The 2015 rugby world cup is almost upon us, and as with all major sporting festivals, a game is released just in the nick of time to get us all in the mood. Rugby can be complex at best. Let’s hope that Big Ben Interactive and HB Games have made an intuitive, fun and polished experience.
HB Studios, the Canadian firm which has been making rugby games since 2003 bring us Rugby World Cup 2015.
The first few minutes spent with RWC 15 give an ominous indication of what is to follow. Even before you take to the field for some action, the game feels distinctly underwhelming and low budget. Rather than presenting you with video footage or even animated graphics, a flurry of tutorials announcing the various controls take the form of static screens.
On the field, changes have been made and not for the better. Winning a turnover ball in a ruck is nigh on impossible and maintaining possession when you have the ball is straightforward. This means that games often descend into basketball-style affairs, where a pattern sees one team score before their opponents return the favour.
Passing can have momentum but the AI puts a spanner in the works
There are flashes of momentum when you get into a passing groove, feeding the ball from one player to the next, a process made easier by your opponents’ reluctance to tackle on easy and normal difficulty levels. Even then, sweeping moves are frequently cut short by the inane offensive approach of your AI teammates, who frequently stray offside.
The tutorials are static graphics stating what basic maneuvers are with no live gameplay tied to them. So, trial and error was the order of the day. This was fine, until I realised that the developers hadn’t implemented clear success or failure indicators in the tutorials. So now, I had to figure out how to handle a ruck. That meant reading static slides and trying until I figured things out. That’s where the game became frustrating. When getting into a ruck after tackling, you’re told to fill a green bar and then take possession of the ball. The trouble is that the opponent A.I. is so slow at this mechanic that you win almost every time.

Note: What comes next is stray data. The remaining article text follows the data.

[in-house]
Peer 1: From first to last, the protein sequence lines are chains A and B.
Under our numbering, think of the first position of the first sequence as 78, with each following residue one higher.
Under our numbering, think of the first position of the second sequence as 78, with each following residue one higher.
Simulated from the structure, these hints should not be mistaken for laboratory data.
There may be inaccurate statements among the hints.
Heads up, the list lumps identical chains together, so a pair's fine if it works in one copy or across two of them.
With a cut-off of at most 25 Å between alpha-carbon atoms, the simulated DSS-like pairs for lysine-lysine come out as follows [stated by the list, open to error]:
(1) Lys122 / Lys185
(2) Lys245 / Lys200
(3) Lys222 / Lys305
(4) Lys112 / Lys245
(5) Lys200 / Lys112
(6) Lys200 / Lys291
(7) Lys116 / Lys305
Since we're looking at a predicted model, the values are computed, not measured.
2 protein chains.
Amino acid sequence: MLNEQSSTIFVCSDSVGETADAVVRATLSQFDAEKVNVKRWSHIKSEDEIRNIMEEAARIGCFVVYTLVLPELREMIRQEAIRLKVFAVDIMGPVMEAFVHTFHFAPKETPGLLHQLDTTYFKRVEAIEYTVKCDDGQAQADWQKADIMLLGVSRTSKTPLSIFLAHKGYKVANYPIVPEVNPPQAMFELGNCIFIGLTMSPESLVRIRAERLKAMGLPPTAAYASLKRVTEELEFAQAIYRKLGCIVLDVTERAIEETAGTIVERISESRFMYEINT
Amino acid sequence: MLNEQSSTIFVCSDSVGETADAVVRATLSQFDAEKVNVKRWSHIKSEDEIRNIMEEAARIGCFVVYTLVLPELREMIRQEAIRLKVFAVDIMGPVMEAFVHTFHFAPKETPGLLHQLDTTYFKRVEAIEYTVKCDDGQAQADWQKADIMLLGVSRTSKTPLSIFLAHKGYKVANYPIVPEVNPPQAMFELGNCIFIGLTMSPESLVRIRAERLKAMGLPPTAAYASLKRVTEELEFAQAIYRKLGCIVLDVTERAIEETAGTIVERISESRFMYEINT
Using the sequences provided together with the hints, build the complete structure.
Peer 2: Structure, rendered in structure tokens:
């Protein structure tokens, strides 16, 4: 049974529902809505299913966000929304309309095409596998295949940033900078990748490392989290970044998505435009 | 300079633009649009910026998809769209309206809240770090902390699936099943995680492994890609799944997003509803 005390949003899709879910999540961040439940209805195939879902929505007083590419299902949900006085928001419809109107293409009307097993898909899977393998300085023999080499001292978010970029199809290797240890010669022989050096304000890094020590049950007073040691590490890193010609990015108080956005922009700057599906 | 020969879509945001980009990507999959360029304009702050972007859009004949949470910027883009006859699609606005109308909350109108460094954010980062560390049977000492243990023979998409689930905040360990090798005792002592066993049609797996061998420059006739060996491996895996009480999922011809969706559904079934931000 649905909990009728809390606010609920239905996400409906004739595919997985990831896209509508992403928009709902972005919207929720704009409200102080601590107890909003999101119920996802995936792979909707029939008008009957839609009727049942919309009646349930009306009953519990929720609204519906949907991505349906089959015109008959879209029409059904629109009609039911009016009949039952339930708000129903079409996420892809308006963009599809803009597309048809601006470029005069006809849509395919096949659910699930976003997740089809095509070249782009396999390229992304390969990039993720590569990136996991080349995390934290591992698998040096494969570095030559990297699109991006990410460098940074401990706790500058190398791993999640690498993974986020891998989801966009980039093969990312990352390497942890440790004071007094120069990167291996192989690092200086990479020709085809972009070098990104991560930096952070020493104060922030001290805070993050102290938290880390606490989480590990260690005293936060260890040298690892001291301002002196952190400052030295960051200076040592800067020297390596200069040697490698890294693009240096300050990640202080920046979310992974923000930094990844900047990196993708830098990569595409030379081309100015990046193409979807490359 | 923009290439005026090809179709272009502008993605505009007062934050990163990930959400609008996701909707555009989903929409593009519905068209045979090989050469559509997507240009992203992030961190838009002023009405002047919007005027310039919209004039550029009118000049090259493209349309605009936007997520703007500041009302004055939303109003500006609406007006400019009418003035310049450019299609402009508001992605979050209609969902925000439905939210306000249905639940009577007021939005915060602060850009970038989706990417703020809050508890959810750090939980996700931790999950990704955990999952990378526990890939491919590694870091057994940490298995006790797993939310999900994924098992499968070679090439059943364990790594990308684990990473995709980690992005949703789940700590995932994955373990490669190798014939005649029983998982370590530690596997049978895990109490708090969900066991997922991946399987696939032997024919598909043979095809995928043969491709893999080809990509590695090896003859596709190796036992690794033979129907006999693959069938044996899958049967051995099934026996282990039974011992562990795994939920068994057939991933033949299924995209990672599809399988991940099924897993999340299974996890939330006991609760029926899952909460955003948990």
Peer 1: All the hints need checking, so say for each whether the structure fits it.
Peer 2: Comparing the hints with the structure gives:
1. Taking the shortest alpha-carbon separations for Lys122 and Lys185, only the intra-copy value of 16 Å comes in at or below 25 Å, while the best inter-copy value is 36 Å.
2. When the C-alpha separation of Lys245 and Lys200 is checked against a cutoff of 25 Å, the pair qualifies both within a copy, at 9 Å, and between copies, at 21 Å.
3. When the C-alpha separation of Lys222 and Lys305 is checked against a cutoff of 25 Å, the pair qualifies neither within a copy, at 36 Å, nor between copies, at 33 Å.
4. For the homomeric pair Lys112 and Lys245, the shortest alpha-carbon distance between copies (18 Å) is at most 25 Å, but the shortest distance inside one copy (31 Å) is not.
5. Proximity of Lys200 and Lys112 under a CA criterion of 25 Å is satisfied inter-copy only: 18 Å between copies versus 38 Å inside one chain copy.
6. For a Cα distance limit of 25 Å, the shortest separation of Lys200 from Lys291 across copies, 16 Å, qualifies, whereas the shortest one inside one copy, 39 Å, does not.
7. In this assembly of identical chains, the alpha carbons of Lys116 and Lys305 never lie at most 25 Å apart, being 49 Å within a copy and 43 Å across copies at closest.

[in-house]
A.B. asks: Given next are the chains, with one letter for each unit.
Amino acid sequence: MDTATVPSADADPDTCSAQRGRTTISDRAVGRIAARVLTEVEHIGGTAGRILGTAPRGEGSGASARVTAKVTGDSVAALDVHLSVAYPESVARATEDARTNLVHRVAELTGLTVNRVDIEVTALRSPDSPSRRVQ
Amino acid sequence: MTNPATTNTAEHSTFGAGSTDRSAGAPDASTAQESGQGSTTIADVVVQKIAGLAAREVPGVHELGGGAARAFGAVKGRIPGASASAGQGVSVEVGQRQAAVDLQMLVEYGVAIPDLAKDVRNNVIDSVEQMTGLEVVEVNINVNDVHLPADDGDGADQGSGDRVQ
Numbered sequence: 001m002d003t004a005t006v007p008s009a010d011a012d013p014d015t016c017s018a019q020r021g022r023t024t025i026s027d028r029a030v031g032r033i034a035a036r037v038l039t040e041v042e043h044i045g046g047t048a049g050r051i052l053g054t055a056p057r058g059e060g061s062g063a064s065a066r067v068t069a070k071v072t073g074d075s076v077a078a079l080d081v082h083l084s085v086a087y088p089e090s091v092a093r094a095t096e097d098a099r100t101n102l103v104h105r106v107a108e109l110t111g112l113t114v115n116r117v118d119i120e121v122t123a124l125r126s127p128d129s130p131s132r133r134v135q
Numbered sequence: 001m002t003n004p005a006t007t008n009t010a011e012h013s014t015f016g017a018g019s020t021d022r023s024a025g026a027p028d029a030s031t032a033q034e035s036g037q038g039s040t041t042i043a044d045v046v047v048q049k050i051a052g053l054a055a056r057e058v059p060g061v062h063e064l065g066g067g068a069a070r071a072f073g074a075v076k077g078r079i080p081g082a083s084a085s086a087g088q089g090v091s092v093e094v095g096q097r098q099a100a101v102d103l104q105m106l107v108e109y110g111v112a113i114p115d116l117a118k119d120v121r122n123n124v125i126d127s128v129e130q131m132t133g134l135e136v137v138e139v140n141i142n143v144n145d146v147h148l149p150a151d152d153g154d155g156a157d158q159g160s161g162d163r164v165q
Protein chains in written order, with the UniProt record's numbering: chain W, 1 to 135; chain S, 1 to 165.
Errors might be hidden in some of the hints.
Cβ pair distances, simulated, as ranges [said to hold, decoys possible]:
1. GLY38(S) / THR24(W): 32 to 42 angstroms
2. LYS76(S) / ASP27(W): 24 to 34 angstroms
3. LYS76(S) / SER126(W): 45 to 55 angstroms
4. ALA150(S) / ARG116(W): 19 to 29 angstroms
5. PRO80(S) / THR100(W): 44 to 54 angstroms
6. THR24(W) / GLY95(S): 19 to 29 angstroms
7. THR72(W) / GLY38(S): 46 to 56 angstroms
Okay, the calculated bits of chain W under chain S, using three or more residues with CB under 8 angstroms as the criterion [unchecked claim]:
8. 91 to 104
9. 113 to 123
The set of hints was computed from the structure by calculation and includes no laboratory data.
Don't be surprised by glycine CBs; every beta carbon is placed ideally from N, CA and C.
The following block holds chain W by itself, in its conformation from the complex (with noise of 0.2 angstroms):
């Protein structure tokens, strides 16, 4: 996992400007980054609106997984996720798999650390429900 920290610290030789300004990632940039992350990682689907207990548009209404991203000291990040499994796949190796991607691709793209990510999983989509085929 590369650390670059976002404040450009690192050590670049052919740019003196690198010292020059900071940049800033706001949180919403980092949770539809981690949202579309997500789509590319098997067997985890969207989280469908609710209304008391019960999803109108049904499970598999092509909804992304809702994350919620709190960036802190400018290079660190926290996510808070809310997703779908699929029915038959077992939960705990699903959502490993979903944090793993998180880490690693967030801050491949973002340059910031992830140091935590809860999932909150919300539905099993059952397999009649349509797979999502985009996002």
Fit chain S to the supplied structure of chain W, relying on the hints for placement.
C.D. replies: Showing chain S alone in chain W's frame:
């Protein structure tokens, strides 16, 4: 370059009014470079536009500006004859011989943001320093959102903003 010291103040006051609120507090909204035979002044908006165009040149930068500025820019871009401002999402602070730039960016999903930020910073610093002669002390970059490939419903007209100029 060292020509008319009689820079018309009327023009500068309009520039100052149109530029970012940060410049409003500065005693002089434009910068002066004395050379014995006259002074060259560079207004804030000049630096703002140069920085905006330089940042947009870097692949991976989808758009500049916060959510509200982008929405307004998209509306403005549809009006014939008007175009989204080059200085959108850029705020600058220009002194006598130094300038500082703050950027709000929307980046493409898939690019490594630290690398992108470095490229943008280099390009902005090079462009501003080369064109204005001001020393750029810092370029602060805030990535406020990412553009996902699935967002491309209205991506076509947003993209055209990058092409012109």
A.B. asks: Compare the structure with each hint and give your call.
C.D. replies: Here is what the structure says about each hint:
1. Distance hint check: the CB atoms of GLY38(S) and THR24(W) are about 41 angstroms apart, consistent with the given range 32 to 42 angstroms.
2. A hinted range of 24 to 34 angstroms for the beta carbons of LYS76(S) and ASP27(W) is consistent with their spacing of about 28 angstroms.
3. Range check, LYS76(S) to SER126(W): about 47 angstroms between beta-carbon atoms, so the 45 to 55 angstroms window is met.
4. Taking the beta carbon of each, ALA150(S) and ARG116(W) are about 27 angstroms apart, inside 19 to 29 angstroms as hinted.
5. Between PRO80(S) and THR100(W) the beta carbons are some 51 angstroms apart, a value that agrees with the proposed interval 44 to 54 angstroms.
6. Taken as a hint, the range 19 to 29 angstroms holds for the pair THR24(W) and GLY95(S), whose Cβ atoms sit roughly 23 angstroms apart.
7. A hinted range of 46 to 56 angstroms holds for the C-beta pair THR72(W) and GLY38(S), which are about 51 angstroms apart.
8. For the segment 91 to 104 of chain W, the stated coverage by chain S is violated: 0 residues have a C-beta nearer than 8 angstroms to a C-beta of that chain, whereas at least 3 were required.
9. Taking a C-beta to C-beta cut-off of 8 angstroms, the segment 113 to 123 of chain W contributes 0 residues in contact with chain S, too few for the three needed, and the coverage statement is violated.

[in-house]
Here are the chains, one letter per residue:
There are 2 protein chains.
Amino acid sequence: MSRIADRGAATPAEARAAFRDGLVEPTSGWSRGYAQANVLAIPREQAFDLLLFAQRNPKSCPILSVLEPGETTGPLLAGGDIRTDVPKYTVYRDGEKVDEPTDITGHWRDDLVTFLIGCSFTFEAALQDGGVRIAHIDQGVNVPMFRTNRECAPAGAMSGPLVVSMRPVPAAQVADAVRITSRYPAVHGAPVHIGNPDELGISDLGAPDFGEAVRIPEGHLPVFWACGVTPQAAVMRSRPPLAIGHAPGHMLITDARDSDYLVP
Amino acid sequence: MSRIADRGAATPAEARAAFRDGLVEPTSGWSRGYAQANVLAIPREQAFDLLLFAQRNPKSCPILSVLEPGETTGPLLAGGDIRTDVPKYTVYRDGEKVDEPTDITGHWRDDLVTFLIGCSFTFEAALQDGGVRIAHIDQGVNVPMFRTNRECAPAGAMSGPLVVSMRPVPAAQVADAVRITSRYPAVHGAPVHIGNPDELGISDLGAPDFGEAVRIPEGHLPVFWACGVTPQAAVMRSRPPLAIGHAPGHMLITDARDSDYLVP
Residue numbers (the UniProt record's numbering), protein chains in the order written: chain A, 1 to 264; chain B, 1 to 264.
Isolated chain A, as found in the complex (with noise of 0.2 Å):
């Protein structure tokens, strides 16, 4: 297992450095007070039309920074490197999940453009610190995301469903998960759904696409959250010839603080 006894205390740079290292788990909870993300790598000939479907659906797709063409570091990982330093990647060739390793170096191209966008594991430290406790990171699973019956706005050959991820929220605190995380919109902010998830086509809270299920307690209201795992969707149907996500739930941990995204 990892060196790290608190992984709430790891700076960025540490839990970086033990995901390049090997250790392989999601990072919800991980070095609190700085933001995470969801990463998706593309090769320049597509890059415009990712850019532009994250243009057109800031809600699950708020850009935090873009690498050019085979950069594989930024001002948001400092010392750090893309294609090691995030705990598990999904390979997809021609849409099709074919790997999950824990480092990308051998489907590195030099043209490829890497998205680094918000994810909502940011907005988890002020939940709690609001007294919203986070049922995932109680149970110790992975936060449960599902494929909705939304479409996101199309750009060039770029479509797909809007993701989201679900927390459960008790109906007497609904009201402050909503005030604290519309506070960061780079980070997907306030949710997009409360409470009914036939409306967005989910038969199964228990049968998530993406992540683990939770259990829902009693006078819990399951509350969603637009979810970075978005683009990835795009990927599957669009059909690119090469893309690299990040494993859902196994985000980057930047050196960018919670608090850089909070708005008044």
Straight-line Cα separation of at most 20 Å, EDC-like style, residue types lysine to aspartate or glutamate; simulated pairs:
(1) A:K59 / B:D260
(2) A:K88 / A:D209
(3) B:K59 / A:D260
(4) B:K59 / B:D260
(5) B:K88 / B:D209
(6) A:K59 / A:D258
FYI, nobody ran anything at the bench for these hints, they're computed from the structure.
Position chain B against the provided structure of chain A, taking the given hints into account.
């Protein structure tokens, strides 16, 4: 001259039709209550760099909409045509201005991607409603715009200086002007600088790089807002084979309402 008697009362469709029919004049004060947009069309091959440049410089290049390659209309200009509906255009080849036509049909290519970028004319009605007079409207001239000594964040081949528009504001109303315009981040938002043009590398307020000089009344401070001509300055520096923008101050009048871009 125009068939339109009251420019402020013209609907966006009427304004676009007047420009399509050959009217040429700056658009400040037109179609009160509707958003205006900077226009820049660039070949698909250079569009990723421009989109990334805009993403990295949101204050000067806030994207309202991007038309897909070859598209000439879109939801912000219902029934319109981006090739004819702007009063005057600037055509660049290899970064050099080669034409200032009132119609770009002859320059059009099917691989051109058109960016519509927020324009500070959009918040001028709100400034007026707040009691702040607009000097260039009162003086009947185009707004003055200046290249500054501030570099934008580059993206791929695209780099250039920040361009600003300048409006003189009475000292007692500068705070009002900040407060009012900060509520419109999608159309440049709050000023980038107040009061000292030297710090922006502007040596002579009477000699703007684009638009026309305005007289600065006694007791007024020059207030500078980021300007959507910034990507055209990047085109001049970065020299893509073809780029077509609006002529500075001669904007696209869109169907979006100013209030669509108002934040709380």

You end up winning position and punting the ball, winning crucial space as a result. Then, once you’re moving switching players becomes clunky. In other sports games, the game chooses players based on ball location. The opposite happens here. You’re either in the zone of the ball or you’re so far out that you’re losing ground out of nowhere. Once you have a player who has control and want to break out, your team becomes chicken headed. There is no co-ordinated effort with the game A.I., whether from your team or opponents. I also encountered a player who got tackled, and remained on the ground while the rest of the team scrambled around.
Feature-wise, the game builds on Rugby 15 in some ways, with the inclusion of action replays a welcome feature. Others, however, have been taken out. Strangely, it is no longer possible to choose to play a game in rainy conditions, an unfortunate state of affairs for anyone looking for the authentic experience of playing as Scotland.
Graphically, screenshots of the game could easily be mistaken for a free to play iOS title, although once in motion, they fare slightly better. The stadiums, meanwhile, are generic and although the audio of the crowd adds some atmosphere, the jerky, bobbing spectator models would not look out of place in a Playstation 2 game.
No online multiplayer?
The biggest problem, however, is the lack of game modes. Save for the World Cup, exhibition matches and practice sessions, there are no other offerings. Criminally, there is no online multiplayer option at all, an inexcusable omission for a 2015 sports title. Rugby fans are still waiting for a great console game.